According to the developers the game is not just about having fun, it also has educational value. It will educate people about the laws of the city and the chance cards, which issue players with fines, have been tailored to reflect popular street names and landmarks.
Nigerian entrepreneur Nimi Akinkugbe’s childhood fascination with board games led her to realise a lifelong dream of creating a Lagos edition of the international property trading board game, Monopoly.
(Images: Bestman Games)
• Adeoye Omotayo
Senior Account Executive
+ 234 802 256 3602
Wilma den Hartigh
Nigerian entrepreneur Nimi Akinkugbe’s childhood fascination with board games led her to realise a lifelong dream of creating a Lagos edition of the international property trading board game, Monopoly. This is the first time the game has been customised for a city in Africa.
Only two other African countries – South Africa and Morocco – have their own editions of Monopoly, but the Lagos version is the first African city edition to be launched since the game was patented in 1935.
Akinkugbe, who is the CEO of Bestman Games, the company with distribution rights to customise editions of Monopoly for Africa (except South Africa), says she’s always wanted to create a monopoly version for the Nigerian market.
“I grew up playing the London edition of monopoly, and I always wondered why we don’t have our own game that shows our landmarks,” Akinkugbe said at the launch event.
With the game she hopes to change negative perceptions of the African continent, Nigeria and Lagos to encourage more interest in tourism and foreign direct investment.
The rapid economic transformation of Lagos in the past five years has caught global attention, and this makes it an ideal Monopoly city.
The vibrant home of more than 20-million inhabitants is considered to be one of Africa’s megacities and the economic capital of Nigeria. Lagos is one of the fastest growing cities in the world, the centre of the country’s economic boom and one of the most innovative cities in Africa.
“Monopoly is a leading international brand so there is some significance for an African city to join this stable of leading cities to have customised editions specially created for them,” she says.
Showcasing prominent landmarks
Akinkugbe says the developers included as many of the city’s usual and historic landmarks as they could, but as Monopoly is a property trading game much of the board is dedicated to prime real estate.
“The locations and landmarks on the squares are places that we have genuine ties to and can relate to,” she says. “It creates a sense of nostalgia for Nigerians both at home and abroad, and for all those who love Nigeria.”
To ensure each spot on the board is an accurate reflection of the city’s property market, the development team consulted real estate agents to verify which areas in Lagos fetch the highest prices.
“We found that Banana Island had some outstanding real estate and at top prices. Ikoyi Crescent, Bourdillon Road, and other parts of Old Ikoyi were also major contenders,” she explains.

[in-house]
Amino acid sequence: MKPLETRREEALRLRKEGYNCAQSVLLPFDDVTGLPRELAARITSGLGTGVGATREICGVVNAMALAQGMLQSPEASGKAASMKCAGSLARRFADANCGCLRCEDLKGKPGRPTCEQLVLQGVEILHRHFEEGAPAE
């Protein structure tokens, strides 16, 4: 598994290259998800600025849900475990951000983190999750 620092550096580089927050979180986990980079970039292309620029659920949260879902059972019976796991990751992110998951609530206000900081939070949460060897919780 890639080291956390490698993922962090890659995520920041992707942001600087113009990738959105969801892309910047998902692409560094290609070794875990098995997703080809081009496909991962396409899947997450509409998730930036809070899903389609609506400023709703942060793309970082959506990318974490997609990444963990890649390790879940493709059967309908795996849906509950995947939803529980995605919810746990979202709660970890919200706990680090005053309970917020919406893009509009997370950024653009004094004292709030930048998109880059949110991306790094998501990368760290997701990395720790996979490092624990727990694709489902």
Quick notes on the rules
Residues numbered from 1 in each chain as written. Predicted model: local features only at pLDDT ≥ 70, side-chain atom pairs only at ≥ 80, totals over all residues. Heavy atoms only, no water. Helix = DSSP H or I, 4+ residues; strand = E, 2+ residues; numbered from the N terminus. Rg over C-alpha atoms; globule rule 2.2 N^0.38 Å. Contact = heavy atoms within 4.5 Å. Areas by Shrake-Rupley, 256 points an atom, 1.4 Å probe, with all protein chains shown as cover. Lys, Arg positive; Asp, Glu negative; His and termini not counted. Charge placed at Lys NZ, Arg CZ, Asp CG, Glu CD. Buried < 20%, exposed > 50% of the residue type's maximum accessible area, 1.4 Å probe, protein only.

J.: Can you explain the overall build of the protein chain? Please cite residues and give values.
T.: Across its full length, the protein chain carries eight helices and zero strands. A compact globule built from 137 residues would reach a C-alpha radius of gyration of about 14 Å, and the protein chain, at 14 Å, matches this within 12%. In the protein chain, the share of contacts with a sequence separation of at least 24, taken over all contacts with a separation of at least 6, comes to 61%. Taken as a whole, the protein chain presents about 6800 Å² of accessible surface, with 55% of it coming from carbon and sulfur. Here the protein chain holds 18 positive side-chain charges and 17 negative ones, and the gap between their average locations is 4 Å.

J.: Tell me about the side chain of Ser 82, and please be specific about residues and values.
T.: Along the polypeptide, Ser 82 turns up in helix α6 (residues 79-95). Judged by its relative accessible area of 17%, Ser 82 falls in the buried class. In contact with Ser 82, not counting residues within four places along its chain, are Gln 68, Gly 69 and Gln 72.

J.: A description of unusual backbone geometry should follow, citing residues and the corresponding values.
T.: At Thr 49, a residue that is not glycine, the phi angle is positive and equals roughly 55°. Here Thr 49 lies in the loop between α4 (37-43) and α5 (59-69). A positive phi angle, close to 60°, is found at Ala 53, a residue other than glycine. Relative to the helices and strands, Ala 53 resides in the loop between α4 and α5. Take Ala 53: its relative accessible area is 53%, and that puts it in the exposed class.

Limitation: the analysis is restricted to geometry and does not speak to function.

Lagos’ floating slum of Makoko, where thousands of people live in shacks on stilts, won the famous Old Kent Road spot, which indicates the cheapest property on the London Monopoly board.
The upmarket Banana Island residential development located in the Lagos lagoon is the most expensive property on the board.
Significant landmarks including Murtala Mohammed International Airport, The National Theatre, Teslim Balogun Stadium, Tafawa Balewa Square and Third Mainland Bridge are featured either on the game board itself, on the lid cover or in a special leaflet enclosed in the box.
Bestman Games was permitted to include a brief history of some of the landmarks on the board, as well as others that were not featured, in the leaflet included.
This is the first edition of Monopoly that includes such a leaflet, making it an effective educational tool that also helps to build national pride.
A game with educational value
Akinkugbe says the Lagos edition is much more than just a board game, it delivers some strong messages, too.
“It has so many intricate facets to it, which make for outstanding educational value,” she says.
Through the Lagos version she would like to reinforce the importance of family values by creating a reason for families to enjoy quality time together playing, learning and having good old-fashioned fun.
“We have heard wonderful stories of families playing the Lagos edition during the holidays, taking the boards to the beach and just enjoying time together, having a good laugh and learning at the same time,” she says.
“Lots of families now are quite disjointed because they don’t get to do things together. Board games like this will help people come together. This, in a way, will help to improve our society.”
And, according to Akinkugbe, board games are a favourite pastime in Nigeria, so much so that they can be considered a national hobby.
“We are proudly competitive,” she says. “Board games have been a staple in households for centuries and have always been popular in Nigeria and all over Africa.”
Nigeria has a traditional board game called Ayo, a strategy game which has been played for centuries mostly in West Africa, but other board games such as Scrabble, Ludo, Snakes and Ladders, draughts and chess are also popular.
Nigeria even won the 2012 edition of the African Scrabble Championship in Zambia.
“It has been very interesting to discover that there is a strong Monopoly playing community here as well,” she says.
The game can also promote financial literacy, encourage personal financial responsibility from an early age, and educate people about the laws of the city, such as road regulations.
“We want to promote and encourage strong ethical values and a sense of integrity amongst players by penalising negative or dishonest behaviour and rewarding positive actions in a symbolic but fun way,” she says.